Latest Article|September 3, 2020|Free::
Making Grown Men Cry Since 1992
Singer-songwriter Evan Woodward brings a good measure of twang to his new record, a winding, rocking thing called Ramblin’ on the Coast Highway. Recorded at Cacaphony Recorders in Austin, Texas, Woodward’s latest effort displays maturity and solid production skills. The singer’s languid but impressively positive vocal tone—marked by a sly delivery style that makes it seem like the artist is standing right there, guitar in hand, talking to you about what is important in life—make for a record that sits on the head comfortably like a favorite hat but still has plenty of form to keep out the bad weather. In combination with Woodward’s deft finger-picking, tunes like “Unwind,” “Tiny Blue” and “Consolation Prize” reach for listener’s hearts with a plaintive honesty that’s hard to come by in any genre.
Bryce Hample lets loose noisy yet eerily melodic leitmotifs on the first, title track of his new recording before engaging the listeners in a flight that goes beyond the boundaries of what listeners have heard from REIGHNBEAU before. It’s like listening to a very big jet engine warm up before heading for the darkened, friendly skies of forever. These themes, stated initially as brash, beautiful predicates, become the basis for the awesomeness that lies within FINGERTIPS. There is a symphonic scale to the sound embedded in the electronics Hample works magic upon; the repetition of ideas as brief melodies suggests a narrative of observation and longing. On tracks like “little jacket” and “BEDSIDE,” Hample’s stories become intimate, elusive strands of experience. At times glitchy and disjointed like a dream-time soul exploration, this music speaks to the waking world as well as the other one, a place where the night and sensuality rule. Highly recommended.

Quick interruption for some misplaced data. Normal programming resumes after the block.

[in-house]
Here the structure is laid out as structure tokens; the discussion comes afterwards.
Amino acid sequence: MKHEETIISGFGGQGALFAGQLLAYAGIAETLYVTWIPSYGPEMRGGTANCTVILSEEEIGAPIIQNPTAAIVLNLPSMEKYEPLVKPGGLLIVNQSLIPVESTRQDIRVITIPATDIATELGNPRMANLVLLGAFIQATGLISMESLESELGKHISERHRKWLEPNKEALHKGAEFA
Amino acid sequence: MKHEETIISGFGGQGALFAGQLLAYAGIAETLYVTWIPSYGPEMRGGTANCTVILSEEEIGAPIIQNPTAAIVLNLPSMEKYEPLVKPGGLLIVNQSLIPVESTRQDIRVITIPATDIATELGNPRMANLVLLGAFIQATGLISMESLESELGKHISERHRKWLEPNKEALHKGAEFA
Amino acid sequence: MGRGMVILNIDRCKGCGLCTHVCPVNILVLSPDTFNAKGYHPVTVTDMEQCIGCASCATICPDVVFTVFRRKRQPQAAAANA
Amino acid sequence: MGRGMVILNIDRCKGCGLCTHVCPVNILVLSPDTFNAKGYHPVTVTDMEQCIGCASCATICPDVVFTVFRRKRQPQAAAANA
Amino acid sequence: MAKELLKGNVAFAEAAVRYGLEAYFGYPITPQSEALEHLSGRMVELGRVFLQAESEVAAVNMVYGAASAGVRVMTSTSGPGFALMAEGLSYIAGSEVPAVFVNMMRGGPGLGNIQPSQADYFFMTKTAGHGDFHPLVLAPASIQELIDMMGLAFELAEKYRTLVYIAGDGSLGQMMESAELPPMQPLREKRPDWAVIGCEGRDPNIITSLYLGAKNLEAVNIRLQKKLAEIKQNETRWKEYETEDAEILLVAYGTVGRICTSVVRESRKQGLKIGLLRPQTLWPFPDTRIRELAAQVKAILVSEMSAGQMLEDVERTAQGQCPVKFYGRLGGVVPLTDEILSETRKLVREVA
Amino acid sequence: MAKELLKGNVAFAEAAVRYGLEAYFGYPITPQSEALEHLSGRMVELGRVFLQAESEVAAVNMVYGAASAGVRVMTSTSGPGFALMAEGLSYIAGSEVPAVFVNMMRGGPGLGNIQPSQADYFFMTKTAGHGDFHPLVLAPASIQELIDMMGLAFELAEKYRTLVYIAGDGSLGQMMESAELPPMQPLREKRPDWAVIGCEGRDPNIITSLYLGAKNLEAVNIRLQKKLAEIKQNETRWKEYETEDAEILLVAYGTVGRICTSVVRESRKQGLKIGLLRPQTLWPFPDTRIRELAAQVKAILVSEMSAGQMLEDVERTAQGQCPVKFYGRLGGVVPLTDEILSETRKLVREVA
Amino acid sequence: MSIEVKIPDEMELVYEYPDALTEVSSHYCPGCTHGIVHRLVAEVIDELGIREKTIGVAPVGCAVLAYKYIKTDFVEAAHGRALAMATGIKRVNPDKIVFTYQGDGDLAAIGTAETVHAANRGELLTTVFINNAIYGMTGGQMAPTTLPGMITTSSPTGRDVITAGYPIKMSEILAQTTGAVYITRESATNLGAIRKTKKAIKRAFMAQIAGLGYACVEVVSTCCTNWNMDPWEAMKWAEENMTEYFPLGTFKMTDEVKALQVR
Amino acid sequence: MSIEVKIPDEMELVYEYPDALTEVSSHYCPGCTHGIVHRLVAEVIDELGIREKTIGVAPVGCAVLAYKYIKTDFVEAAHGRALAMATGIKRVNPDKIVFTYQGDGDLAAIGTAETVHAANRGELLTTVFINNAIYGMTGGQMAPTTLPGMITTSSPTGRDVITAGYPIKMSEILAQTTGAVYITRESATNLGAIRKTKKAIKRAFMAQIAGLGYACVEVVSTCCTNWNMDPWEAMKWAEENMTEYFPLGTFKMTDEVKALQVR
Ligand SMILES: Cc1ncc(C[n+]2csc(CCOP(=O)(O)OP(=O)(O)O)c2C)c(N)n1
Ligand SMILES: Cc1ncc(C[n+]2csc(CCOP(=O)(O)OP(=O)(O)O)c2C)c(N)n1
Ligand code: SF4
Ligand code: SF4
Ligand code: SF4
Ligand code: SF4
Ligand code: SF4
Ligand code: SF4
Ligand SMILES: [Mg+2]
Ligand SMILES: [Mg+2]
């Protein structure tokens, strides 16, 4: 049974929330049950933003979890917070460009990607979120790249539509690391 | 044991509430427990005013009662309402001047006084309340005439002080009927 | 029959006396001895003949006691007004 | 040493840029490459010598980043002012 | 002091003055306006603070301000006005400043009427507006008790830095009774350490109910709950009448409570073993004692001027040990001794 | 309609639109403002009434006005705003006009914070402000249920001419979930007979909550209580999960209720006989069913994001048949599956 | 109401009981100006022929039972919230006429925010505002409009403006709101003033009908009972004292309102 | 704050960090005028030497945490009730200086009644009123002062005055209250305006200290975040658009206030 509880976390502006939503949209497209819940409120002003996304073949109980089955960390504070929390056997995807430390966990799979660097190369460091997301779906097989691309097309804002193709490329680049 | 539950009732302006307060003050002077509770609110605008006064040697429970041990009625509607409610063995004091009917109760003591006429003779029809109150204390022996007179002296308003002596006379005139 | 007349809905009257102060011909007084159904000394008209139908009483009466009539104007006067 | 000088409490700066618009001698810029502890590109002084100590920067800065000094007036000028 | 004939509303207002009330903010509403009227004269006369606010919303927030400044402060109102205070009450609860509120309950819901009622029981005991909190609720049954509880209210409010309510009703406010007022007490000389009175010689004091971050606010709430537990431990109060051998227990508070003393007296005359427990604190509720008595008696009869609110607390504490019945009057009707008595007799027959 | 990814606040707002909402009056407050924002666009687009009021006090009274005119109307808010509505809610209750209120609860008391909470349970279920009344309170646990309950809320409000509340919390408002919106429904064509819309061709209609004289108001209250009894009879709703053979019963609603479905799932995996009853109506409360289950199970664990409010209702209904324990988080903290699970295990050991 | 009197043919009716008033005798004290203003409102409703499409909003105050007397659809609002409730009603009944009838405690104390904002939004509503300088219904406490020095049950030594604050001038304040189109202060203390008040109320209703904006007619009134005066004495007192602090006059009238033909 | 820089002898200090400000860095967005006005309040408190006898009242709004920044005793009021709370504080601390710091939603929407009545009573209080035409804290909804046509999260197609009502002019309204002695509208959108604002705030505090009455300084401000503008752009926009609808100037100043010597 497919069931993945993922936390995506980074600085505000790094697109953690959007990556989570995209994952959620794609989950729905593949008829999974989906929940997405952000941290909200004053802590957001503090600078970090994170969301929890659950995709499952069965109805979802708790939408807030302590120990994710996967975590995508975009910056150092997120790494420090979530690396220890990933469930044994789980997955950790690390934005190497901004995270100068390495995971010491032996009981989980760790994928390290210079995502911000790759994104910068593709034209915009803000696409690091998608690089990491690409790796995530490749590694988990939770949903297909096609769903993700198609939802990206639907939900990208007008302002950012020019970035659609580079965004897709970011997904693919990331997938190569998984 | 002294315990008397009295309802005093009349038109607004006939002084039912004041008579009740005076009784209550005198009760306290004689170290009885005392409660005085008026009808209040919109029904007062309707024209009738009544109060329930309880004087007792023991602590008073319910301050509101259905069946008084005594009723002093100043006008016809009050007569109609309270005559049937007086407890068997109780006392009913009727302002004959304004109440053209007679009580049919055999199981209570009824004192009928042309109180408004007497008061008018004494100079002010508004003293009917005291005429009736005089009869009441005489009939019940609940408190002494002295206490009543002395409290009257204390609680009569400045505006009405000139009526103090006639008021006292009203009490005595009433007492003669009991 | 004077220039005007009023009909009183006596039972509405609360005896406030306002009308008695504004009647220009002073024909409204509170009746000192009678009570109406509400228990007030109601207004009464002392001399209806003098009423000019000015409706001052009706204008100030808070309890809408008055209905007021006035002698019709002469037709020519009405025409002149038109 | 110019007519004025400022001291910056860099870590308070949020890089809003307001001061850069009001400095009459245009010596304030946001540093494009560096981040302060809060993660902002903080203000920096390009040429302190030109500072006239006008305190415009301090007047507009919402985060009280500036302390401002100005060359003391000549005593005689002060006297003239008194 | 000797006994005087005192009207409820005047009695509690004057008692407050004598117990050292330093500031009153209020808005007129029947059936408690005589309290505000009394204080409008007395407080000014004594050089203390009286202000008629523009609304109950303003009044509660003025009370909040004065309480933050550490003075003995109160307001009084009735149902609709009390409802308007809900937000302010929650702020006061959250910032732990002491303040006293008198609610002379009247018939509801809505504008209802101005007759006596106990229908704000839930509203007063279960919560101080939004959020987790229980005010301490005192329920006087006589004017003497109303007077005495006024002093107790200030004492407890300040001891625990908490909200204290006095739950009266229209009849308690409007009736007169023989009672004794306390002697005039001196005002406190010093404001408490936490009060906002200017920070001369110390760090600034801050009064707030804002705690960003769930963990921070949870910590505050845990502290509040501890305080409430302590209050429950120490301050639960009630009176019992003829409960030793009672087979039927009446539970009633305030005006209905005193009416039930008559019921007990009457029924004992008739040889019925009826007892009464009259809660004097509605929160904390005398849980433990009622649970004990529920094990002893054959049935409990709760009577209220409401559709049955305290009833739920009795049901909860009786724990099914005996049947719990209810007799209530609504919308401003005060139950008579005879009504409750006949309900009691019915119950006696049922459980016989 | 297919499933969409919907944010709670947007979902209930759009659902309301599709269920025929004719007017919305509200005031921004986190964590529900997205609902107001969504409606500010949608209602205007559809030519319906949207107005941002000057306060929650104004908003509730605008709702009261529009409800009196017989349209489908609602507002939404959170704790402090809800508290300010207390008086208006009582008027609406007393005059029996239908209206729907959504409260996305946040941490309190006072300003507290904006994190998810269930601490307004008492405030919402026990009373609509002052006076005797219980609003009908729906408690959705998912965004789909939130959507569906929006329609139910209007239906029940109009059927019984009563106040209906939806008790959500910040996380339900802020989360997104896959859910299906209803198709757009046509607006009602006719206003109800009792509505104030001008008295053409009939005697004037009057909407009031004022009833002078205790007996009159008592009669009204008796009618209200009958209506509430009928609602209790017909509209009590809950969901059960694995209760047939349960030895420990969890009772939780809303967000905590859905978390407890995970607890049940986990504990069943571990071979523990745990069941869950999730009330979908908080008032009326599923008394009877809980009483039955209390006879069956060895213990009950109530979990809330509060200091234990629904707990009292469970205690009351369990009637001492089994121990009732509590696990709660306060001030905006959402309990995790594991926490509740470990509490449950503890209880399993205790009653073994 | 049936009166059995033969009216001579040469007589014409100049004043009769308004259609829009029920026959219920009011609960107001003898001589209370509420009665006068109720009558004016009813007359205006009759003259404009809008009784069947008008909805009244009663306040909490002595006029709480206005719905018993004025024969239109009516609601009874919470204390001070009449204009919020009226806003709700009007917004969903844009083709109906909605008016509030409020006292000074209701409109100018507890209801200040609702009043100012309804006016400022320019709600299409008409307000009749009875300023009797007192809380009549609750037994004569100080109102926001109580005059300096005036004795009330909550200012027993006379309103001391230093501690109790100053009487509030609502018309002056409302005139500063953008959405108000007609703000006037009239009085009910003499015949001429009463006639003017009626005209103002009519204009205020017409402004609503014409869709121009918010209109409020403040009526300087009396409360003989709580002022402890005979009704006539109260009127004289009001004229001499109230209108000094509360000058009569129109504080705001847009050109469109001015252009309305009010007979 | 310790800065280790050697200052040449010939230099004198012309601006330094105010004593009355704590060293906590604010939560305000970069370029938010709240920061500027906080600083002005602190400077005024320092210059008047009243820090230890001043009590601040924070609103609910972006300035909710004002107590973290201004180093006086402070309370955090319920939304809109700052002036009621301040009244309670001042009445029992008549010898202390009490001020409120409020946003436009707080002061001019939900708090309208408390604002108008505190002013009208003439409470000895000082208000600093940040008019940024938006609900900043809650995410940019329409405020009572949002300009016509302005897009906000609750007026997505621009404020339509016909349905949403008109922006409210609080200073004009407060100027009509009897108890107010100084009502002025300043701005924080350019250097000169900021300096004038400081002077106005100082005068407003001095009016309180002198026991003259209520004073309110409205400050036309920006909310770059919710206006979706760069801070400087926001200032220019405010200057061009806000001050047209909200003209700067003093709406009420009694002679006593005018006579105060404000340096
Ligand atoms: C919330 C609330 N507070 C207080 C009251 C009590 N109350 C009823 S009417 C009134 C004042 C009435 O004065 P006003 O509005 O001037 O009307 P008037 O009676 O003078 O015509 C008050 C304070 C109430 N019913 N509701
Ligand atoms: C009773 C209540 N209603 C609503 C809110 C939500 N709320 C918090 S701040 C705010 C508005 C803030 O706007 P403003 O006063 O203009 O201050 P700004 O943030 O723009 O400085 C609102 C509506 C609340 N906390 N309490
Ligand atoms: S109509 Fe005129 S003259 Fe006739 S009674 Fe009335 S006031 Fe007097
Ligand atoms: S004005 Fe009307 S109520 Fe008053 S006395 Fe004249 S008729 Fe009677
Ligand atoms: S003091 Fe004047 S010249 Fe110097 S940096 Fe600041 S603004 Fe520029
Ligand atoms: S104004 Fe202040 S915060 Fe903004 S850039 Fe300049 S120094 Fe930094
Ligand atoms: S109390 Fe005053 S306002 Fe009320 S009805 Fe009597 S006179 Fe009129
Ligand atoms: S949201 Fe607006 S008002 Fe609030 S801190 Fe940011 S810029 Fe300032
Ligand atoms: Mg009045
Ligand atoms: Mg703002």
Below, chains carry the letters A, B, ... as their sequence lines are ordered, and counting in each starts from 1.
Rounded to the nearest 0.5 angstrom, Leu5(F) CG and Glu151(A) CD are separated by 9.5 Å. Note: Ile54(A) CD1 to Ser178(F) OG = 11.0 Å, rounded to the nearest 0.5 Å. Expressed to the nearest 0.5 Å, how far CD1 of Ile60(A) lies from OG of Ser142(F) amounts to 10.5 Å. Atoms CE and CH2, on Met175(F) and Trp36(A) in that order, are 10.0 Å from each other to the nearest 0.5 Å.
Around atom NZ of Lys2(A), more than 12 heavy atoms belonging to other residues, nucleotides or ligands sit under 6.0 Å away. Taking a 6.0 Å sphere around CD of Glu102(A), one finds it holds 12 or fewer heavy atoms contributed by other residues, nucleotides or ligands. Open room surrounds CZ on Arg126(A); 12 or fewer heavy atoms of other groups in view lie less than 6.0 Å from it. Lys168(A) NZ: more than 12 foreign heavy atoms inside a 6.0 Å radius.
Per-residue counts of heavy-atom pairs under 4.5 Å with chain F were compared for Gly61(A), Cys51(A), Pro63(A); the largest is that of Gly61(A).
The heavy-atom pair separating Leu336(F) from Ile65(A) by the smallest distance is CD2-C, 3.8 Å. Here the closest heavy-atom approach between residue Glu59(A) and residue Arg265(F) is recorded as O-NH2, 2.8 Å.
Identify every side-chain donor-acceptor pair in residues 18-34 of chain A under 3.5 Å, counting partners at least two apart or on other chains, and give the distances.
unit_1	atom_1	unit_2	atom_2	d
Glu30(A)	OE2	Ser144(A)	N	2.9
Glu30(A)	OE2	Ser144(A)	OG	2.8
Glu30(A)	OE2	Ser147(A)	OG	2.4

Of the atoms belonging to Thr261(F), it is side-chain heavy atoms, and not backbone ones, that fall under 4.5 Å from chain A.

This is a compilation of regional rappers curated by local hip-hop artist Diles and recorded at Central Root Studios. What’s remarkable about this collection—besides Diles’ definitive detailing of what sounds are important to the local scene—is a final product that reveals a fecund scene dripping with intricate flows, crash-ready production and beats big enough to swallow this city whole. It’s hard to know where to begin digging through this treasure chest of new and audacious tuneage, but here’s what I’ve found so far: sumptuous latin-influenced R&B from Laura Cruz (”La Paloma Vuela”), edgy, sentiment-soaked minimalist stories and percussives from Simatic (”Cosmic Sermon on Mount Zion”), and the jazzy, political poeticism of Hakim Be (”Dear Colin”). Make no mistake: Get this record. Listen to it a million times if necessary just to get the idea into your head that Albuquerque is hip-hop nation.